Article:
For those of you who know me, you know that my ability in the kitchen is slim to none.
When I was about 27, I attempted to make rice for the first time. I grew up watching I Love Lucy, and that was part of the problem. I decided to call my mom for guidance.
“Mom? I’m trying to boil some rice, and I can’t remember if it’s three parts water to one part rice or one part water to three cups of rice?“
I still don’t remember the correct proportions because I haven’t improved as a cook over the years, but pretty soon the rice was boiling all over the stove.
Obviously I’d gotten my proportions wrong and now the stove looked like it had been hit by a thick snowstorm. The heat of the stovetop quickly hardened the rice, so when my fiasco was finished, I also had the luxury of chipping the rice off of the burners.
For my friend’s birthday back in 1984, I thought I would cook her a steak. She was a waitress, and I thought it would be a wonderful surprise to have a steak dinner waiting for her when she got home.
I took the steak out of the fridge, and I put it in the oven. I turned the oven on to 400, and proceeded to cook it for an hour. When my mom cooked, everything was put into the oven for an hour at 400 degrees. Surely, that must apply to steak also.
Of course, I did not pre-heat the oven either. Why waste time? She was coming home in less than an hour and I had to have things ready.
So, I went into the living room, and I proceeded to write some poetry. When an hour was up, I proceeded to get the table ready for her birthday dinner.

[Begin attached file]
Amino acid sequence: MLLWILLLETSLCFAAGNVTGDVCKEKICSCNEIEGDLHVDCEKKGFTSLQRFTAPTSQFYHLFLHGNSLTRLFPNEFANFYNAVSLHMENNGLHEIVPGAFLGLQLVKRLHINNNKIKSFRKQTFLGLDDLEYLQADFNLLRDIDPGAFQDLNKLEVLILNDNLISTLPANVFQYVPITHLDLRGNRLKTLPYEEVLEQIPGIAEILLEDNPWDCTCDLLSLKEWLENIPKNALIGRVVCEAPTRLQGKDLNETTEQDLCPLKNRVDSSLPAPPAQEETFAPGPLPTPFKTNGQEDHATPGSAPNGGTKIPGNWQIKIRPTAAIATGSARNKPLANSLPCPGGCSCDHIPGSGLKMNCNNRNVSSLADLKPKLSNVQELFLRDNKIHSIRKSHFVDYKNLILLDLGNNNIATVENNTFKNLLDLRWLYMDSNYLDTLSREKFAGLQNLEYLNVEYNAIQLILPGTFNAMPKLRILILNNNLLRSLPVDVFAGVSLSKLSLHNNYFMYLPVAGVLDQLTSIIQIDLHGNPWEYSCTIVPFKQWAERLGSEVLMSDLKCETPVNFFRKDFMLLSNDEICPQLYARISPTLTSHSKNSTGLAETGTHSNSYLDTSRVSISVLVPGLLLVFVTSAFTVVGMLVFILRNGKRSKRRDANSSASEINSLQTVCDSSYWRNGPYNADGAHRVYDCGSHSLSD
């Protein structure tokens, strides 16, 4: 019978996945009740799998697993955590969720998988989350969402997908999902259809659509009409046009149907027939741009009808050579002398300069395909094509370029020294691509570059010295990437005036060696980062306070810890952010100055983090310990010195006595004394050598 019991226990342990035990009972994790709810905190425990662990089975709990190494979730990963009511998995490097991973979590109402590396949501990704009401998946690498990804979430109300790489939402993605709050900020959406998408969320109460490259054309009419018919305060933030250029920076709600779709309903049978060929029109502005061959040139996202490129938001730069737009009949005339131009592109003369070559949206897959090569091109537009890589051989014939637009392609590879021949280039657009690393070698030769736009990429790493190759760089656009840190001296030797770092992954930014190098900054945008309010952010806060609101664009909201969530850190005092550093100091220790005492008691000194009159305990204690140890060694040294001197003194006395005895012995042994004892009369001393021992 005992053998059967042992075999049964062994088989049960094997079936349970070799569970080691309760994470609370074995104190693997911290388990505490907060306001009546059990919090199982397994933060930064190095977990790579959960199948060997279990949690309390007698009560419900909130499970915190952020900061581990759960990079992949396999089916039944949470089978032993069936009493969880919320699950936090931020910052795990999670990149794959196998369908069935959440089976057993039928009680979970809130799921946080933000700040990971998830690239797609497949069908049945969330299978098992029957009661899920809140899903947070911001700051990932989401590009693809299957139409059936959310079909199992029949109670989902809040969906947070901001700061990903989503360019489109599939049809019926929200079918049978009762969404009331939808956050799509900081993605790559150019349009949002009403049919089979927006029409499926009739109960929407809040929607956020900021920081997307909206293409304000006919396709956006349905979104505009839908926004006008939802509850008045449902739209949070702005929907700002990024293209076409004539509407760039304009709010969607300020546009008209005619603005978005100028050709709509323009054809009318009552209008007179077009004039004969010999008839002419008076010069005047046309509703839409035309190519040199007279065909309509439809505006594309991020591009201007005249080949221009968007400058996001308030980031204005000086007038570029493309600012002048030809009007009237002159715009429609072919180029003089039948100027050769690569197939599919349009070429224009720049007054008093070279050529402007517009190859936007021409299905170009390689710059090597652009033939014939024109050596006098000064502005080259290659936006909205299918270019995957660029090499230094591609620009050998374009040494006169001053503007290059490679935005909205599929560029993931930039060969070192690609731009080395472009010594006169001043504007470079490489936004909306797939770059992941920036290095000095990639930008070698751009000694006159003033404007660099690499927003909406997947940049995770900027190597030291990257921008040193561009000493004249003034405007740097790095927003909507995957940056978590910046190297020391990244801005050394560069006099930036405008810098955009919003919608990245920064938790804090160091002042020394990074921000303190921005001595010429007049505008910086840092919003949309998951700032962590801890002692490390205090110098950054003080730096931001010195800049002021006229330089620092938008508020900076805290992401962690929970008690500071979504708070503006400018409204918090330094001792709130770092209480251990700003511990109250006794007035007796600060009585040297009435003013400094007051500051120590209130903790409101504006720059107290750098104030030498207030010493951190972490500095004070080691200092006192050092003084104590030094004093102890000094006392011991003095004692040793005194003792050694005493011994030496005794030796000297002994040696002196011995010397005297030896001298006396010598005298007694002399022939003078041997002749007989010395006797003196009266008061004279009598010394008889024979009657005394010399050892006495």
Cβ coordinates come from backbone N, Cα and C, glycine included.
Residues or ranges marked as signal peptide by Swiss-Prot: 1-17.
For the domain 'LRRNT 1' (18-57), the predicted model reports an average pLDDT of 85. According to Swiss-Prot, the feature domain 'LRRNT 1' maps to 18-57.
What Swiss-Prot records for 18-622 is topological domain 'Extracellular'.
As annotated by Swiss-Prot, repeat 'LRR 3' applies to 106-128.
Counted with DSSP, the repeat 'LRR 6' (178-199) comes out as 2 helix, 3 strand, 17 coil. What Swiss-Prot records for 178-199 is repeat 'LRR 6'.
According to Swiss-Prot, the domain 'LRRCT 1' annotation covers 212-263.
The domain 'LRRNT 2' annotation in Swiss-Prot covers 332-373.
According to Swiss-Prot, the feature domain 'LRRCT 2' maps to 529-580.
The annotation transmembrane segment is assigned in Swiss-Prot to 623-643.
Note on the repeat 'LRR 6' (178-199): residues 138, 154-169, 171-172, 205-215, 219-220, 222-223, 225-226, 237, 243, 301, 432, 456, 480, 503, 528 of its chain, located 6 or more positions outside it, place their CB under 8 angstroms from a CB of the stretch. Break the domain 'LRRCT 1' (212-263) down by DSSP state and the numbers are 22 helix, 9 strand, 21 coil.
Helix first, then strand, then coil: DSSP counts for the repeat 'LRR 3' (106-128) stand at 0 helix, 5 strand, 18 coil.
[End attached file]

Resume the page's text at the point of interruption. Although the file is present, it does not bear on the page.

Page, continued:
When she came home from being on her feet all day, I told her to relax and I poured her glass of wine. I set the table, and proceeded to put the meat on the plate.
For some reason, it didn’t look like the steak that I had imagined. I’d seen pictures in magazines of what steaks were supposed to look like, and mine didn’t look like that. It was the color of an old leather boot, and it had curled up at both ends into a U-shaped gondola. I think I put some parsley on the plate to make it look pretty and eagerly put it on the table.
She looked at me with weak approval, and I knew that I had screwed up badly. Neither of us could cut into the steak I looked at her apologetically and attempted to feed it to our cat. The cat sniffed and walked away.
We headed up the street to a local place that was still open. From that moment on, I decided that her birthdays were better spent at a restaurant.
— Mary McGrath
Mary McGrath writes from Los Angeles and Naples, Florida. Her work has been featured in numerous publications, including Newsweek, The National Lampoon, Chicken Soup for the Soul, Purple Clover, Medium.com, Los Angeles Times and Good Housekeeping. Her motto: “Life is tough. You might as well laugh about it.”